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Hull, J.W. Lane, R.C. (1996). Repetitive Dreams and the Central Masturbation Fantasy. Psychoanal. Rev., 83(5):673-684.

(1996). Psychoanalytic Review, 83(5):673-684

Repetitive Dreams and the Central Masturbation Fantasy

James W. Hull, Ph.D. and Robert C. Lane, Ph.D.

In Beyond the Pleasure Principle Freud identified two situations that can lead to repetitive dreams: early traumas of childhood and traumatic war experiences (Freud, 1920). He felt that in both cases the repetitive dream was an attempt to achieve retrospective mastery over a past traumatic event. In dreams that portray childhood traumas, what was originally a passive experience is converted into an active one. In traumatic war dreams, the person is taken back to the original anxiety situation, only to awaken in fright. In both types of dream there is an attempt to develop the anticipatory anxiety response that was missing during the original experience. This was in accord with Freud's view that the main purpose of all repetitions, including repetitive dreams, was to bind excess stimulation that had flowed into the mental apparatus.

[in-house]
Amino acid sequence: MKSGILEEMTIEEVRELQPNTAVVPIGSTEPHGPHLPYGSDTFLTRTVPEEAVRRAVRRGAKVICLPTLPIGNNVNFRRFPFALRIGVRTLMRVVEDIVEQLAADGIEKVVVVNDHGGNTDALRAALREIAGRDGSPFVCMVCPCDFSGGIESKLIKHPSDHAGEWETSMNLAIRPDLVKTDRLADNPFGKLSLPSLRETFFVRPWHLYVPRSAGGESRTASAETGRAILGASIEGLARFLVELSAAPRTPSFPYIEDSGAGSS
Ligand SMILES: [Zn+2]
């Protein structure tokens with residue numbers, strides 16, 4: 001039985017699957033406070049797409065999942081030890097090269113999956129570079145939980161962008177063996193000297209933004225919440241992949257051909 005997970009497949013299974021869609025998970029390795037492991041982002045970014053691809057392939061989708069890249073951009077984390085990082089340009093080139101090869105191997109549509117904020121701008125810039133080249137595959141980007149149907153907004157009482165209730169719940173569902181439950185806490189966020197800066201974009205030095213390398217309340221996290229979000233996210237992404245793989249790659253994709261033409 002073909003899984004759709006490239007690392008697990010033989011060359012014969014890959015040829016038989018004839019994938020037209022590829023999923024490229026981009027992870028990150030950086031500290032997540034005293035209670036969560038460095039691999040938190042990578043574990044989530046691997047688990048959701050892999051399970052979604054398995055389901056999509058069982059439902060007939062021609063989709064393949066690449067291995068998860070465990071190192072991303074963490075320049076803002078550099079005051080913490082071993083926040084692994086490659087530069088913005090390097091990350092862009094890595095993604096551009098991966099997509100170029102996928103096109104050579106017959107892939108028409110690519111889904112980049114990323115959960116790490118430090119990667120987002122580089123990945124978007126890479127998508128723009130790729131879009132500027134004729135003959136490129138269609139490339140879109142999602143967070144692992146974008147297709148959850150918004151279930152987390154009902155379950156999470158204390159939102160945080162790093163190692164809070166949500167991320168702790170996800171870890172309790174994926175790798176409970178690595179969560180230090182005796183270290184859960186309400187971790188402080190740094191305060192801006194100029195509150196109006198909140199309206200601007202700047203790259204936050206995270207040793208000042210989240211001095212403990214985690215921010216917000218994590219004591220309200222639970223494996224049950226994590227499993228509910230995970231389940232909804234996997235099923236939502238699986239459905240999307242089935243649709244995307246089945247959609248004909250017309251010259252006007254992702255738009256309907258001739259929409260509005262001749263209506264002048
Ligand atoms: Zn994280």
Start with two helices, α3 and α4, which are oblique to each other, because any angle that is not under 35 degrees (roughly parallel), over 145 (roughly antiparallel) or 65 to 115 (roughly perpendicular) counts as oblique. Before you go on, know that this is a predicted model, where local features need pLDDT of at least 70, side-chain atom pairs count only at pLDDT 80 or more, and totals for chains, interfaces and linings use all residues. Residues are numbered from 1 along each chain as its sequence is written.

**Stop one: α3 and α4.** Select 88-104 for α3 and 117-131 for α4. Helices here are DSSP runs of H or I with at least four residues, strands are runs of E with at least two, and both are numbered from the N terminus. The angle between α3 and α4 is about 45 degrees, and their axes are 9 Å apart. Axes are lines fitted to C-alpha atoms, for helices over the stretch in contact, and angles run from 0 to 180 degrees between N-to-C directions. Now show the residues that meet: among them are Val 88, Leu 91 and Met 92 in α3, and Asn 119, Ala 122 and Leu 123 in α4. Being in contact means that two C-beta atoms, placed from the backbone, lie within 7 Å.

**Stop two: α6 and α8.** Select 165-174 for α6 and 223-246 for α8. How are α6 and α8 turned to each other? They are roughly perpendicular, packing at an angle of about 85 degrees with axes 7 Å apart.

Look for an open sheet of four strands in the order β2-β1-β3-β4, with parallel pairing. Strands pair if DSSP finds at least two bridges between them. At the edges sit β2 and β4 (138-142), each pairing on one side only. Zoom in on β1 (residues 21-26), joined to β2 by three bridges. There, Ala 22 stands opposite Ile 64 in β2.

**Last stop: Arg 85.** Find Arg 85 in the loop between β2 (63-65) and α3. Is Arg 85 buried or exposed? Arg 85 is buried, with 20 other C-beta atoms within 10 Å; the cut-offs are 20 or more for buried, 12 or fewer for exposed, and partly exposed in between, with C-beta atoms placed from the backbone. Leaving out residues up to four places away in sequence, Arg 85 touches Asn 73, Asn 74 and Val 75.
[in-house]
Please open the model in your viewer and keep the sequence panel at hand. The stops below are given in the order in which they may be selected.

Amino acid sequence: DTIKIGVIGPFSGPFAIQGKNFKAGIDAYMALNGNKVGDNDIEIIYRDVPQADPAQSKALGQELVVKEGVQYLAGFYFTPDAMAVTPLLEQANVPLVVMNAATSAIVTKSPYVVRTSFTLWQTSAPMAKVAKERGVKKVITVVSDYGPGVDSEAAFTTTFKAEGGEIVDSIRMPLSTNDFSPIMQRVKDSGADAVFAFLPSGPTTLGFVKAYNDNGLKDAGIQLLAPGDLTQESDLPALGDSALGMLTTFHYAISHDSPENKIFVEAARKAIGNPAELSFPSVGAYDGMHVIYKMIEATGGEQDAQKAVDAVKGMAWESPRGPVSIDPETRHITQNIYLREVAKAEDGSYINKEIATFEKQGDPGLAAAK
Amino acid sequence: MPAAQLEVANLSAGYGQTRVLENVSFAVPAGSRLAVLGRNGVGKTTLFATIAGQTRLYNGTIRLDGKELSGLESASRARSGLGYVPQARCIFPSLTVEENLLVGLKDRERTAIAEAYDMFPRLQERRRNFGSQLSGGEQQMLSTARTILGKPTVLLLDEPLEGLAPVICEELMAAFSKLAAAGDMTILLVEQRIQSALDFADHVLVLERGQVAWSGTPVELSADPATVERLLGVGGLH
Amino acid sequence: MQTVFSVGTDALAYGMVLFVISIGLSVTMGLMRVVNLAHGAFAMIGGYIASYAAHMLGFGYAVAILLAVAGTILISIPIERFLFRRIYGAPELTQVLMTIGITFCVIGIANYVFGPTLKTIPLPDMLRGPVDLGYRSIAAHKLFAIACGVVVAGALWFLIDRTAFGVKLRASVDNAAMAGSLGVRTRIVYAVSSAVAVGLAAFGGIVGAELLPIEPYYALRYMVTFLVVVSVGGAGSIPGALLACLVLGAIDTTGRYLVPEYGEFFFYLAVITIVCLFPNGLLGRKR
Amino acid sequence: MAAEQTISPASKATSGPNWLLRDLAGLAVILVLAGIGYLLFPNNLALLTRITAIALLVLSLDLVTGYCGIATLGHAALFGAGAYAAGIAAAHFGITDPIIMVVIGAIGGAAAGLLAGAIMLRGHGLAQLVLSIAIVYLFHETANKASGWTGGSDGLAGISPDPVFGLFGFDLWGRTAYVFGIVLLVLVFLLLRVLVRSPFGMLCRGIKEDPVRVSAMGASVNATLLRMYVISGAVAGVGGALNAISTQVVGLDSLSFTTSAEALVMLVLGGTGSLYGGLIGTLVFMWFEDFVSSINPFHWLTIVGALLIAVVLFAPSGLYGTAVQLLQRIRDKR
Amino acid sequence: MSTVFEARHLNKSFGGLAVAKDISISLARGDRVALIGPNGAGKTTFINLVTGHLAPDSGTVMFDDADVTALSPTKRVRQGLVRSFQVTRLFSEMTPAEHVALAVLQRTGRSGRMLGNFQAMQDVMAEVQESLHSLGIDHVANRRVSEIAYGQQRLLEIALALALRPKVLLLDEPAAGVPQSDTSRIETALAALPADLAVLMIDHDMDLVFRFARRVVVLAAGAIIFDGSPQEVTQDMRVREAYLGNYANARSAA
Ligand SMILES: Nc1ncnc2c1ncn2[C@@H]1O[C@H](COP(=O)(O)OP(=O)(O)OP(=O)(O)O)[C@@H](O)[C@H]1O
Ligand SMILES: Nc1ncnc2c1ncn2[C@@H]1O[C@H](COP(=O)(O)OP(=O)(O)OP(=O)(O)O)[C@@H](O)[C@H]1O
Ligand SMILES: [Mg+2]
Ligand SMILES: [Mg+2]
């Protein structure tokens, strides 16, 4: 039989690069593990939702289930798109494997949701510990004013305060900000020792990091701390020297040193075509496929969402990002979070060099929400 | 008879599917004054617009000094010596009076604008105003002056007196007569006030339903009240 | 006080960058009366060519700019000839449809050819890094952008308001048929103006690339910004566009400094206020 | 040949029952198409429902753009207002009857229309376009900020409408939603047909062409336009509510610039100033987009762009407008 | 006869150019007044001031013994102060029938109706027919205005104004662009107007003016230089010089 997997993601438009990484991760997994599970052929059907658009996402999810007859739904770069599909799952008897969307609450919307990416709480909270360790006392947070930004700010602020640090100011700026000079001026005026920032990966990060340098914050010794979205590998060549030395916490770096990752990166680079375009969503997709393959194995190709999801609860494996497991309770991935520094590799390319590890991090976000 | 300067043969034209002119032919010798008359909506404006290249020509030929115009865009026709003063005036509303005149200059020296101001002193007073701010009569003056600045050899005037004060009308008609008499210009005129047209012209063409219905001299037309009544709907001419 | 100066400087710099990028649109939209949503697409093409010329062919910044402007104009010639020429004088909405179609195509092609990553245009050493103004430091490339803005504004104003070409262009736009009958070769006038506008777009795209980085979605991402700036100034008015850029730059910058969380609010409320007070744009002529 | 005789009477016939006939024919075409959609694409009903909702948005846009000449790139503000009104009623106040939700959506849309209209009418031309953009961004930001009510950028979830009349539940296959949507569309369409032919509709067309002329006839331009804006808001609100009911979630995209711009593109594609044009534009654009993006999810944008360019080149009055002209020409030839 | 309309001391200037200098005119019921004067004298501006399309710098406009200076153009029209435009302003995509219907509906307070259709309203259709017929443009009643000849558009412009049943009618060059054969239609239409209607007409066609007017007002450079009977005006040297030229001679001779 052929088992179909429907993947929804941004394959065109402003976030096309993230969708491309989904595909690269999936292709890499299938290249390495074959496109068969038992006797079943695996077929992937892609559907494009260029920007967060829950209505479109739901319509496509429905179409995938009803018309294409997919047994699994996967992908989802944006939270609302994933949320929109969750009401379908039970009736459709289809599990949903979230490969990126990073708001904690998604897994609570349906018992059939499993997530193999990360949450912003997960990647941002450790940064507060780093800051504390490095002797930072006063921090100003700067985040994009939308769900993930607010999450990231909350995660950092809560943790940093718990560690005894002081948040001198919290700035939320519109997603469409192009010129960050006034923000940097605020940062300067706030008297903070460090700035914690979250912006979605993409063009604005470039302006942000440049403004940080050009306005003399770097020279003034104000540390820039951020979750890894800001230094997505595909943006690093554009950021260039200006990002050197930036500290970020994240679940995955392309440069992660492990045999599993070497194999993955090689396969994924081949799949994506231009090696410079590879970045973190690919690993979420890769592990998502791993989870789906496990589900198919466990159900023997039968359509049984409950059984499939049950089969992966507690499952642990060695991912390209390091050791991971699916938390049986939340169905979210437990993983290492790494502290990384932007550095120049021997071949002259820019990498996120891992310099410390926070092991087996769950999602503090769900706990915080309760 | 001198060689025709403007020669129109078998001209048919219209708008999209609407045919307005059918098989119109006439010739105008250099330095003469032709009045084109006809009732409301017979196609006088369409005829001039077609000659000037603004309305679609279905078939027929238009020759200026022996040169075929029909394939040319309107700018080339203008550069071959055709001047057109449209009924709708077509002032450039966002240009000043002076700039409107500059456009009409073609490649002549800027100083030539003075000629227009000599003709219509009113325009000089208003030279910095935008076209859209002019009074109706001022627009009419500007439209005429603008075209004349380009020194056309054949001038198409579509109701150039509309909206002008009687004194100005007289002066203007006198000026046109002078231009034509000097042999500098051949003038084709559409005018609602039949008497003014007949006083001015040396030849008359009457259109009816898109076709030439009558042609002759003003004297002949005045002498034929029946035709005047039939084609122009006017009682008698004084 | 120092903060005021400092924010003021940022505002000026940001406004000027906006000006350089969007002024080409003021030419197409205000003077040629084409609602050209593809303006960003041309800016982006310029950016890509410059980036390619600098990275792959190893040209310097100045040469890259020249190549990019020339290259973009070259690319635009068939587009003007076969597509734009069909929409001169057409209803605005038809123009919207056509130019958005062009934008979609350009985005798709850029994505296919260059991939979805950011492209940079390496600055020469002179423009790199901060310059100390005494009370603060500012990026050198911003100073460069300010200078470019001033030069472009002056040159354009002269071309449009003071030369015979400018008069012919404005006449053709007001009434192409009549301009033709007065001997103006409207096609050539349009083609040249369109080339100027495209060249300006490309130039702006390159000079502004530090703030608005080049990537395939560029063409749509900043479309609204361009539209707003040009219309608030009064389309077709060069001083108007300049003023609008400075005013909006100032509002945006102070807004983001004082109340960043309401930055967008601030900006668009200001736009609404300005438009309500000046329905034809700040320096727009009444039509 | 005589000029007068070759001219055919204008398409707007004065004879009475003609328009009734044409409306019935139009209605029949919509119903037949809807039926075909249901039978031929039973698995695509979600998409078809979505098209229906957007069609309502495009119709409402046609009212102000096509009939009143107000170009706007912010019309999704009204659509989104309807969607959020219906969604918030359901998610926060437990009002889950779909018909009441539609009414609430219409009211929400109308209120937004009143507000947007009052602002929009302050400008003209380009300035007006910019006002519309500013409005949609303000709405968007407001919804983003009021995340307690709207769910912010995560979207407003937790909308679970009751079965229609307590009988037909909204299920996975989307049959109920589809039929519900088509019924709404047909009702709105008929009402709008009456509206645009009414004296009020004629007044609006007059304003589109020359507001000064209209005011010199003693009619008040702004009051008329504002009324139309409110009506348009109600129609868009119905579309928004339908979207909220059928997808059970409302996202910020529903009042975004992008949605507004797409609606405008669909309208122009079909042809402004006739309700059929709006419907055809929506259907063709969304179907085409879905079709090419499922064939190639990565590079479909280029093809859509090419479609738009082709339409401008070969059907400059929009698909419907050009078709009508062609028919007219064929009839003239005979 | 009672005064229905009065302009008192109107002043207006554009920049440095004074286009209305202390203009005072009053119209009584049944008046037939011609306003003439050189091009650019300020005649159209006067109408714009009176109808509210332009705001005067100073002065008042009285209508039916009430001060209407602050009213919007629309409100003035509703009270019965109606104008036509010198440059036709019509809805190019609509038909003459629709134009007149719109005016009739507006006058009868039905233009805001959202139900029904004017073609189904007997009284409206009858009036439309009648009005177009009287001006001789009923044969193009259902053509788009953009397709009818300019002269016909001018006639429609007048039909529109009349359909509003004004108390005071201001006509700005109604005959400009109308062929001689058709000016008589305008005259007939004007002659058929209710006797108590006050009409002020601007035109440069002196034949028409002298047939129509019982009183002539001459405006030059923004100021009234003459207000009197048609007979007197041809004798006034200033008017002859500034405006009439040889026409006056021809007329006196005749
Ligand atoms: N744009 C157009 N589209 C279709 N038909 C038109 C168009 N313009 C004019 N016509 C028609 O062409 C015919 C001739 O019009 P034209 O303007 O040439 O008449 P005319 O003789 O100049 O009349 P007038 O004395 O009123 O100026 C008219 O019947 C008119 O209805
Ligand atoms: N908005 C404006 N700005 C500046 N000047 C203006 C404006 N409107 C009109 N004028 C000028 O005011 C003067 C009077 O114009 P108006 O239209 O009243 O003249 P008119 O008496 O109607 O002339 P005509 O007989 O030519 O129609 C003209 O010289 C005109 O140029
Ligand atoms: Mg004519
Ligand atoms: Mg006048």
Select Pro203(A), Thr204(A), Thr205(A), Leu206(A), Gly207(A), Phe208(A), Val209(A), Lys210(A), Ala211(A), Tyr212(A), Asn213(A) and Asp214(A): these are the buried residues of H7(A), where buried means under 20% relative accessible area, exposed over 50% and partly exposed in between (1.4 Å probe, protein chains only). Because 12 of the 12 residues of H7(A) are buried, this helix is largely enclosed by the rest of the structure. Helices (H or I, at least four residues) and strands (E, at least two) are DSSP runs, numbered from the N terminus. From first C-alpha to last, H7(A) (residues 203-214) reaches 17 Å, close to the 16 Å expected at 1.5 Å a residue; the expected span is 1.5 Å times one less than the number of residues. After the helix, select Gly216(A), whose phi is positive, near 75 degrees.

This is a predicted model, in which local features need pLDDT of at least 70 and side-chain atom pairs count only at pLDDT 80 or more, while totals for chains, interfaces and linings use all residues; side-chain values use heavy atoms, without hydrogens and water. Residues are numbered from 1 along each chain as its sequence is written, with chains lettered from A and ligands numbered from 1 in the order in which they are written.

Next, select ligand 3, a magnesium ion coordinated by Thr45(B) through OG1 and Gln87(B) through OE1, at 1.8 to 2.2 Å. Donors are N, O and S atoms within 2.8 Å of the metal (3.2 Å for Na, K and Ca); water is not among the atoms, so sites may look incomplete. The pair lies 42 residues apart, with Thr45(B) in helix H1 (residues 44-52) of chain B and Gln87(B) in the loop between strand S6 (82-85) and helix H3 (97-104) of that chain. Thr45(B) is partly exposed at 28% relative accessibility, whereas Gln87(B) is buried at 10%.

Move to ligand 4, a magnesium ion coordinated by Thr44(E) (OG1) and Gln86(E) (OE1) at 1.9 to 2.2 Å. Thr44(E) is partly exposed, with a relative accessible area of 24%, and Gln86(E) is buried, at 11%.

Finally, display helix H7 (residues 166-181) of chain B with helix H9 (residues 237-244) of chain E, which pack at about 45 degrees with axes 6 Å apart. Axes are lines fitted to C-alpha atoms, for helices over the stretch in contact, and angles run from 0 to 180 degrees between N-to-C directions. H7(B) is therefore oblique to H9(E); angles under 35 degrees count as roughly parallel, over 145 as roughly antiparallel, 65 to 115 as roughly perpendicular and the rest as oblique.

A number of theorists since Freud have emphasized the adaptive, mastery function of dreams. This work is reviewed in detail by Jones (1970, 1979). Examples are Jung's (1956) emphasis on the unconscious compensatory function of dreams, Lowy's (1942) description of dreaming as a self-contained process of “psychoaffective regulation” that does not effect consciousness directly, and French and Fromm's (1964) view of dreams as attempts to solve interpersonal problems by embedding recent emotional dilemmas in a network of analogous problems and solutions from the past.

Other recent work on dreams has emphasized how their manifest content reflects salient aspects of the person's object relationships.

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